Tavis Smiley has responded to the bombshell report that details years of sexual misconduct alleged by multiple women who claim they had professional relationships with the media personality before they became personal. Variety published the newly unsealed court documents on Thursday evening that showed the findings from an independent investigator hired by PBS, the media company that Smiley sued after his eponymous show was canceled following the claims in 2018.
The report recounts narratives told by some accusers, including one woman who claimed that Smiley, her boss, flirted with her and made comments about her underwear — “If you don’t tell me what bra size you wear, I will make you walk back to the office,” for instance — before she was fired for her “her knowledge about Smiley’s behavior,” Variety wrote.
Other women employees as well as guests of his show claim they had consensual sexual relationships with Smiley before he allegedly had them fired or never invited back.
And those were the tamer allegations.
“One woman told PBS’ investigators that around 2000, Smiley grabbed her buttocks while a photo of them was being taken, and that on a separate occasion he had brushed by her, purposely making contact between his penis and her buttocks, pretending that it had been an accident,” Variety wrote.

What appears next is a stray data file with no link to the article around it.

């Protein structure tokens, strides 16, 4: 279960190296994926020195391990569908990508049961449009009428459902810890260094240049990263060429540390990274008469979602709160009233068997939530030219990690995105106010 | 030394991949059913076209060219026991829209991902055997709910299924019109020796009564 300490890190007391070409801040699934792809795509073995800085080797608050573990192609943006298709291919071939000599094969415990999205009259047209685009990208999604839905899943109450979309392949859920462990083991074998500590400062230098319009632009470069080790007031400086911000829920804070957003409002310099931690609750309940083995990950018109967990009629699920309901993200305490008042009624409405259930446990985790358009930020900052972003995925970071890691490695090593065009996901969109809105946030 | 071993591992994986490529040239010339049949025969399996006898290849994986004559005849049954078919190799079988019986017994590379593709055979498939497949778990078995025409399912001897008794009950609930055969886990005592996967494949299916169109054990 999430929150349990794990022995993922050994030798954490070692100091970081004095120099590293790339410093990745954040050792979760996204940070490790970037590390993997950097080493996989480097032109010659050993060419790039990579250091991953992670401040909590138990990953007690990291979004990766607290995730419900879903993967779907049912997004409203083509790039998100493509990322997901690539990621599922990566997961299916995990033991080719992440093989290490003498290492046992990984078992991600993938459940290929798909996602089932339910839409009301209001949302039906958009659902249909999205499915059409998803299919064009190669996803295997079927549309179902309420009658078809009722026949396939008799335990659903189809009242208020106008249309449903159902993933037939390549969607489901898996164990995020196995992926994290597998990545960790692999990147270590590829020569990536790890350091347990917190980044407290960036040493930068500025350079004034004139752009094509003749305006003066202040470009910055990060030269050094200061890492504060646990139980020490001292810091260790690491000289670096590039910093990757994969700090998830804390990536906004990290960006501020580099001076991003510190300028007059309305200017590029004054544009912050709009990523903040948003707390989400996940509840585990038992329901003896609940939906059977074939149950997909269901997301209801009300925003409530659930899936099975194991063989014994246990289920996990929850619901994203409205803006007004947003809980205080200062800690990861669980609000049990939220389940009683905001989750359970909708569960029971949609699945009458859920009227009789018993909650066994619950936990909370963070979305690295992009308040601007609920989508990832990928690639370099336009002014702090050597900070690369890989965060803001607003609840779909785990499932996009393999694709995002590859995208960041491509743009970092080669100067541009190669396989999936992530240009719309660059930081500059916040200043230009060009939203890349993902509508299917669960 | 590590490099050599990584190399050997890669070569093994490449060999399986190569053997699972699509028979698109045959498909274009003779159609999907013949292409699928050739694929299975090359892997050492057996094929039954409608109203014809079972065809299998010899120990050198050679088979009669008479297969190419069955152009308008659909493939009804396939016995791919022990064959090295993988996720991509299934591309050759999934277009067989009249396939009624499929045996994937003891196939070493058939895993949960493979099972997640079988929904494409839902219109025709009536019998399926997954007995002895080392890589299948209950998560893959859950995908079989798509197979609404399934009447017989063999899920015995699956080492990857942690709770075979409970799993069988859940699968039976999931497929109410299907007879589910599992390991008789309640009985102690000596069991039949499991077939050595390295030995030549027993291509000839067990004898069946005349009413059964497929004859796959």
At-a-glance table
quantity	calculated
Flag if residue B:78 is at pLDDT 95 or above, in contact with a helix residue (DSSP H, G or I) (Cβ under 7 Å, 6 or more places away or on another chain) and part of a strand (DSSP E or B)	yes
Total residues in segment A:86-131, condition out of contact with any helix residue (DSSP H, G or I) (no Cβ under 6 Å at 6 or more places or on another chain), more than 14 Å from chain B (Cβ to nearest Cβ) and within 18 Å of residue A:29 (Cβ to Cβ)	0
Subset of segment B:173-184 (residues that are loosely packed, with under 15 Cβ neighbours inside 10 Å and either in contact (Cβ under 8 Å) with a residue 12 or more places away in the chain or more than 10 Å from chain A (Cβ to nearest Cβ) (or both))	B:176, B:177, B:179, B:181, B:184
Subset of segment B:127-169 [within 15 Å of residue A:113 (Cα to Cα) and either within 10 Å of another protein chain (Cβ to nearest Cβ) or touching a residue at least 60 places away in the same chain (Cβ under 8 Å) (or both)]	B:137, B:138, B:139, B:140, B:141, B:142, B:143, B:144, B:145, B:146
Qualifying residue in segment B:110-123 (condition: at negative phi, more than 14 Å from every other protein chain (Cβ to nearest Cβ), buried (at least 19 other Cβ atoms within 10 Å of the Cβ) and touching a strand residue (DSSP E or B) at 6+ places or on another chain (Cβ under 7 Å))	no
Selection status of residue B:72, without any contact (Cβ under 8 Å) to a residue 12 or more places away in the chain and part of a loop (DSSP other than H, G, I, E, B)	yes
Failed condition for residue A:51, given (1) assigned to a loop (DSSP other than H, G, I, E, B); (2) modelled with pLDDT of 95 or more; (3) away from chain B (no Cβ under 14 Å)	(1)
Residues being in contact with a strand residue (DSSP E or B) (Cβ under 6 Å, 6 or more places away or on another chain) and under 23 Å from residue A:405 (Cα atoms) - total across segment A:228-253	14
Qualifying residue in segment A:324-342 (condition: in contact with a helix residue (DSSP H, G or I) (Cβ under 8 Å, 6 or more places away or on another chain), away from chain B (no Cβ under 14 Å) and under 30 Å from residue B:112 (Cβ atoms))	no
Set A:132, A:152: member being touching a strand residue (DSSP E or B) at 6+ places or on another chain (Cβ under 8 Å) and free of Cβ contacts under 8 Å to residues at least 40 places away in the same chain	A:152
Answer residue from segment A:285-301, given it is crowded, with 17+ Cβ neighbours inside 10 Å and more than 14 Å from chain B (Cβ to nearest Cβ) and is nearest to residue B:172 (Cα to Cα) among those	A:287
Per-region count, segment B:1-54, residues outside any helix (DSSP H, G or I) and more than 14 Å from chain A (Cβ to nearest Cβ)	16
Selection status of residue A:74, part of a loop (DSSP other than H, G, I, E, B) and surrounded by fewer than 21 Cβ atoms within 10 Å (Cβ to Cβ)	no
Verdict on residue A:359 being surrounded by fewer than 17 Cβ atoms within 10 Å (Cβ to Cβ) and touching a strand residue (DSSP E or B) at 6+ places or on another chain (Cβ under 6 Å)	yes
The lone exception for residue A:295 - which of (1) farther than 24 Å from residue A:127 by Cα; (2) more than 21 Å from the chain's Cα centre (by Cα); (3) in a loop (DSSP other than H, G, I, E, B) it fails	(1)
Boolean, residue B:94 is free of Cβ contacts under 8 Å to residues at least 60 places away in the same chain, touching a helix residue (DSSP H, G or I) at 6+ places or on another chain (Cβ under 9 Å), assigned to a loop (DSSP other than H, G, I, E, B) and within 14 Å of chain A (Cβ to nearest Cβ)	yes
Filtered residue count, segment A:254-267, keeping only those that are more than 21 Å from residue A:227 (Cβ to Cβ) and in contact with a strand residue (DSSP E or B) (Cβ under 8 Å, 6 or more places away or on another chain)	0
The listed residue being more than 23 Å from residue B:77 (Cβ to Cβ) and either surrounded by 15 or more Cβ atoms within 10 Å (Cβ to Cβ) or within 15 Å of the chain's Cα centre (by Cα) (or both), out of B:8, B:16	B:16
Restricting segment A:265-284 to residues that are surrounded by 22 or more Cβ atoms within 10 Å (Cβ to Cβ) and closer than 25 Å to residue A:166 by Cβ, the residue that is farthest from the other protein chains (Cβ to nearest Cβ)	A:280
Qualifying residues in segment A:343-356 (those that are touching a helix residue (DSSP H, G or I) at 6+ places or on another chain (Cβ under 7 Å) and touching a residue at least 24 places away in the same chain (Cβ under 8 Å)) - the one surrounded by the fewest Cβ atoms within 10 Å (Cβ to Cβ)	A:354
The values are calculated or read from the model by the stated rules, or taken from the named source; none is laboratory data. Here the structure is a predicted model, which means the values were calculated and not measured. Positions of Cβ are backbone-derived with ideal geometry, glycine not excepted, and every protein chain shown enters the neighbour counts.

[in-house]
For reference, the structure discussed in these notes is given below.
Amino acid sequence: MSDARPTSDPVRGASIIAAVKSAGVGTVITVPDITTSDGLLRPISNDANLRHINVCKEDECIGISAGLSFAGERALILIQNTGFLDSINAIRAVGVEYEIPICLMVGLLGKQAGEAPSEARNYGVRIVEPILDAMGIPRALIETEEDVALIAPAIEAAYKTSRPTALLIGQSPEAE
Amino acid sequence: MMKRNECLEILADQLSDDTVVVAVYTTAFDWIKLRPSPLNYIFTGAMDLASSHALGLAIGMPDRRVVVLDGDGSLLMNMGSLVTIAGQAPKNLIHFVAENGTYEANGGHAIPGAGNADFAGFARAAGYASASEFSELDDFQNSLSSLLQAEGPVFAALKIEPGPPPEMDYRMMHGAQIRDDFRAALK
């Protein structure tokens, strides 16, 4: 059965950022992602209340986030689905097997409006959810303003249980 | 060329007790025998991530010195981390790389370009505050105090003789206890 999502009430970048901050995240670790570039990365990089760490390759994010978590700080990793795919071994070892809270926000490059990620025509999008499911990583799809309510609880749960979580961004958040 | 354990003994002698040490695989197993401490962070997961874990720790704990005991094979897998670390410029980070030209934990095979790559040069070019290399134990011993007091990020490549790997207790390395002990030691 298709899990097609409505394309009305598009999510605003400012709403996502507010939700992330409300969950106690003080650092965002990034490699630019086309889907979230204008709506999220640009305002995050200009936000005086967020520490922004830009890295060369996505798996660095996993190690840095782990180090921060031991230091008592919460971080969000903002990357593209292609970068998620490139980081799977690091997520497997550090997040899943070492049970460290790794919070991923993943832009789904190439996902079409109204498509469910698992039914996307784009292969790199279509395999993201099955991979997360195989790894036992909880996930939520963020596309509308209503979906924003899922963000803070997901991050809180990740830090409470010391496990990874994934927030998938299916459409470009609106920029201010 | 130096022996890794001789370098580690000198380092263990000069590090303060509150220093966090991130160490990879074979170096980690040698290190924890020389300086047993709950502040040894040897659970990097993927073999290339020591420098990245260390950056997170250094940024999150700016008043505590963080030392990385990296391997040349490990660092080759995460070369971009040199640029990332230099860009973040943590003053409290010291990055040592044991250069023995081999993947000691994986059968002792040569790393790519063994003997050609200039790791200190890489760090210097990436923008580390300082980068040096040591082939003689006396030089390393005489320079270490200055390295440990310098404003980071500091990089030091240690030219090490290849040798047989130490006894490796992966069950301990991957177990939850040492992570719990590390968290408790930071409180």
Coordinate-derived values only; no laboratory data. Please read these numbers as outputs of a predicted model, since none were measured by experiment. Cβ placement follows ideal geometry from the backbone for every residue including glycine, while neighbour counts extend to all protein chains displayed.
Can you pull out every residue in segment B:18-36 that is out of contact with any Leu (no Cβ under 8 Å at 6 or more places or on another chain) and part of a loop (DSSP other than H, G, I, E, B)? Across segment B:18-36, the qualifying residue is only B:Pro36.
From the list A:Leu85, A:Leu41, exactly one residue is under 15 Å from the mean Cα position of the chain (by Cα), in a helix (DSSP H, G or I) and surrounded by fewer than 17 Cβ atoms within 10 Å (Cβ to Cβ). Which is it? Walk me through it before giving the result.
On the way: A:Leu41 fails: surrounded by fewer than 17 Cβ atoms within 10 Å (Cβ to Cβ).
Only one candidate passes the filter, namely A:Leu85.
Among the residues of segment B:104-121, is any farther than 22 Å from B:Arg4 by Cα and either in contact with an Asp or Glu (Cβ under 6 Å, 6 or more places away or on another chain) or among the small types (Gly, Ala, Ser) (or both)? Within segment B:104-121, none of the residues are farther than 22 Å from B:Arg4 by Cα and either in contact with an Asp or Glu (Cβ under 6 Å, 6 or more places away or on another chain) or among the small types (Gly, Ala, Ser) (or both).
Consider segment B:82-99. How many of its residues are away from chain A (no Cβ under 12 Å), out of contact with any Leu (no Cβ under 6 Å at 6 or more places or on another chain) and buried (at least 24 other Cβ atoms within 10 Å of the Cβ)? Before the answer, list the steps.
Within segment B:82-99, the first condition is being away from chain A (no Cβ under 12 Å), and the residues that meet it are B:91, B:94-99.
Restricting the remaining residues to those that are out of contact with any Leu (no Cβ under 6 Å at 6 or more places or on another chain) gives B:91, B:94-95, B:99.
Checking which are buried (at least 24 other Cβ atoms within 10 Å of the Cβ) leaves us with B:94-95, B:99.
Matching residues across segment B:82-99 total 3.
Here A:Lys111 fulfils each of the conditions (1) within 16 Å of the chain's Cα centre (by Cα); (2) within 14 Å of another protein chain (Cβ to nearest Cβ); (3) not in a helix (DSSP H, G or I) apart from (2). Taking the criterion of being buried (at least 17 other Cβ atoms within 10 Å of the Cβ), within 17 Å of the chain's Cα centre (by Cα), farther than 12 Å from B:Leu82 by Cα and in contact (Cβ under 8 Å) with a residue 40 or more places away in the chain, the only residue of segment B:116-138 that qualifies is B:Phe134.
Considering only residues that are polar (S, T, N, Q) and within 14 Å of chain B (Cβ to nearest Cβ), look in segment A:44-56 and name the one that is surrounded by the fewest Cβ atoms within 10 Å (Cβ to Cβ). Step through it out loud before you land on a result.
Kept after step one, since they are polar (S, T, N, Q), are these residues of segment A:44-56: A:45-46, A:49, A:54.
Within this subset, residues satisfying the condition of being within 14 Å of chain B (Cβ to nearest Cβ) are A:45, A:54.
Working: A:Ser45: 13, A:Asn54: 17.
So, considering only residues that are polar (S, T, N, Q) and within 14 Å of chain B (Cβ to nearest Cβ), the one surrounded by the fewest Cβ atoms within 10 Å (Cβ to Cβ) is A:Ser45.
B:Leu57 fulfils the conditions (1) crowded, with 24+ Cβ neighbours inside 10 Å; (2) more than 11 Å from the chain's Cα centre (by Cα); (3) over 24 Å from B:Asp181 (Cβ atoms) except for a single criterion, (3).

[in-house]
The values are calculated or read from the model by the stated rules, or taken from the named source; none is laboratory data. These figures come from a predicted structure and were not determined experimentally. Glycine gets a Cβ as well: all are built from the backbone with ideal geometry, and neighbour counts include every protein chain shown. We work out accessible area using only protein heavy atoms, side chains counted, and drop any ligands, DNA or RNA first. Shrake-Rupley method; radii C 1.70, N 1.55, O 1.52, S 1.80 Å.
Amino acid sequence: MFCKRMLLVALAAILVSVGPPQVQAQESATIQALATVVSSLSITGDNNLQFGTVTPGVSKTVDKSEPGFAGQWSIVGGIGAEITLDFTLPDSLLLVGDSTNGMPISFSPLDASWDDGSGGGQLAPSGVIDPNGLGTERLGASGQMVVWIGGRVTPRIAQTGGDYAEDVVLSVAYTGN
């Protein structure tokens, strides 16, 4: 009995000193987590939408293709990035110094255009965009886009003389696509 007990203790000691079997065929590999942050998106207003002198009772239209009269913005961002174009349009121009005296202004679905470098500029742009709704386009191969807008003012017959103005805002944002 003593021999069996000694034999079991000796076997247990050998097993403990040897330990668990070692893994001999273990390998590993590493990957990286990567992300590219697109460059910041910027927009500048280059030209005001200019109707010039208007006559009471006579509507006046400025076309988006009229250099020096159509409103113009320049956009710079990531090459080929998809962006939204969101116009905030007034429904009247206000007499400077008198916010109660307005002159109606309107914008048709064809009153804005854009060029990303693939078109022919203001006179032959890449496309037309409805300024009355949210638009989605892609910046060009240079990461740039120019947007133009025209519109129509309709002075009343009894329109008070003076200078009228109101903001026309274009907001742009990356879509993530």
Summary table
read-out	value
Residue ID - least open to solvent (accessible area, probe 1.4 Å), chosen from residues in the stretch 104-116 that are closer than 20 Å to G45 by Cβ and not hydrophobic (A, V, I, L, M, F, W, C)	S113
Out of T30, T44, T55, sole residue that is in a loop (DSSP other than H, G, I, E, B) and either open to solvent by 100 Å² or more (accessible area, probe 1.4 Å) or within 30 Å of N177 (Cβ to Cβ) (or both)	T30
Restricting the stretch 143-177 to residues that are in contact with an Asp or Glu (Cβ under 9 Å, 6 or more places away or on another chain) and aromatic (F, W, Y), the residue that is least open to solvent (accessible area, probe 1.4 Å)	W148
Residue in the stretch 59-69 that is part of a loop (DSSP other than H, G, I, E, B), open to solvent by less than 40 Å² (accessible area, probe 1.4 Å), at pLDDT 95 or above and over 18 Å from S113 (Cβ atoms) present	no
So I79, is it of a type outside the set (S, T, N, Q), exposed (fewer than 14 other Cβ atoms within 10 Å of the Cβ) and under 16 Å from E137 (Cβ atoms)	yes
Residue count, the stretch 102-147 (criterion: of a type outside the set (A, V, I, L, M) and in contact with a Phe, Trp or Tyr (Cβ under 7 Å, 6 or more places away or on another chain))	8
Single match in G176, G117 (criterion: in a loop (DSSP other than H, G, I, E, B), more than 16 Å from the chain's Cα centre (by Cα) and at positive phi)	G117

On Friday, journalist Roland Martin tweeted that Smiley’s public relations team had responded to his request for comment about the report and seemed to indicated that PBS didn’t really have a case.
“A weak case you play in the press, a strong case you play out in a court of law,” the brief statement said in part. “I look forward to my day in court February 10, which I have finally been granted, after 2 years of fighting.”
In late 2017, Smiley was accused of having sexual relations with “multiple subordinates” and “some witnesses interviewed expressed concern that their employment status was linked to the status of a sexual relationship with Smiley.” He was also accused of creating a threatening and verbally abusive work environment.
In early 2018, Smiley filed a lawsuit against PBS for breach-of-contract after the company suspended him and canceled his show. That prompted PBS to file a countersuit, claiming Smiley violated a morals clause and it is seeking $1.9 million in returned salary.
At the time, the Washington Post reported that while the precise contents of Smiley’s lawsuit were not disclosed, the “tension” between him and PBS “was racial in nature.”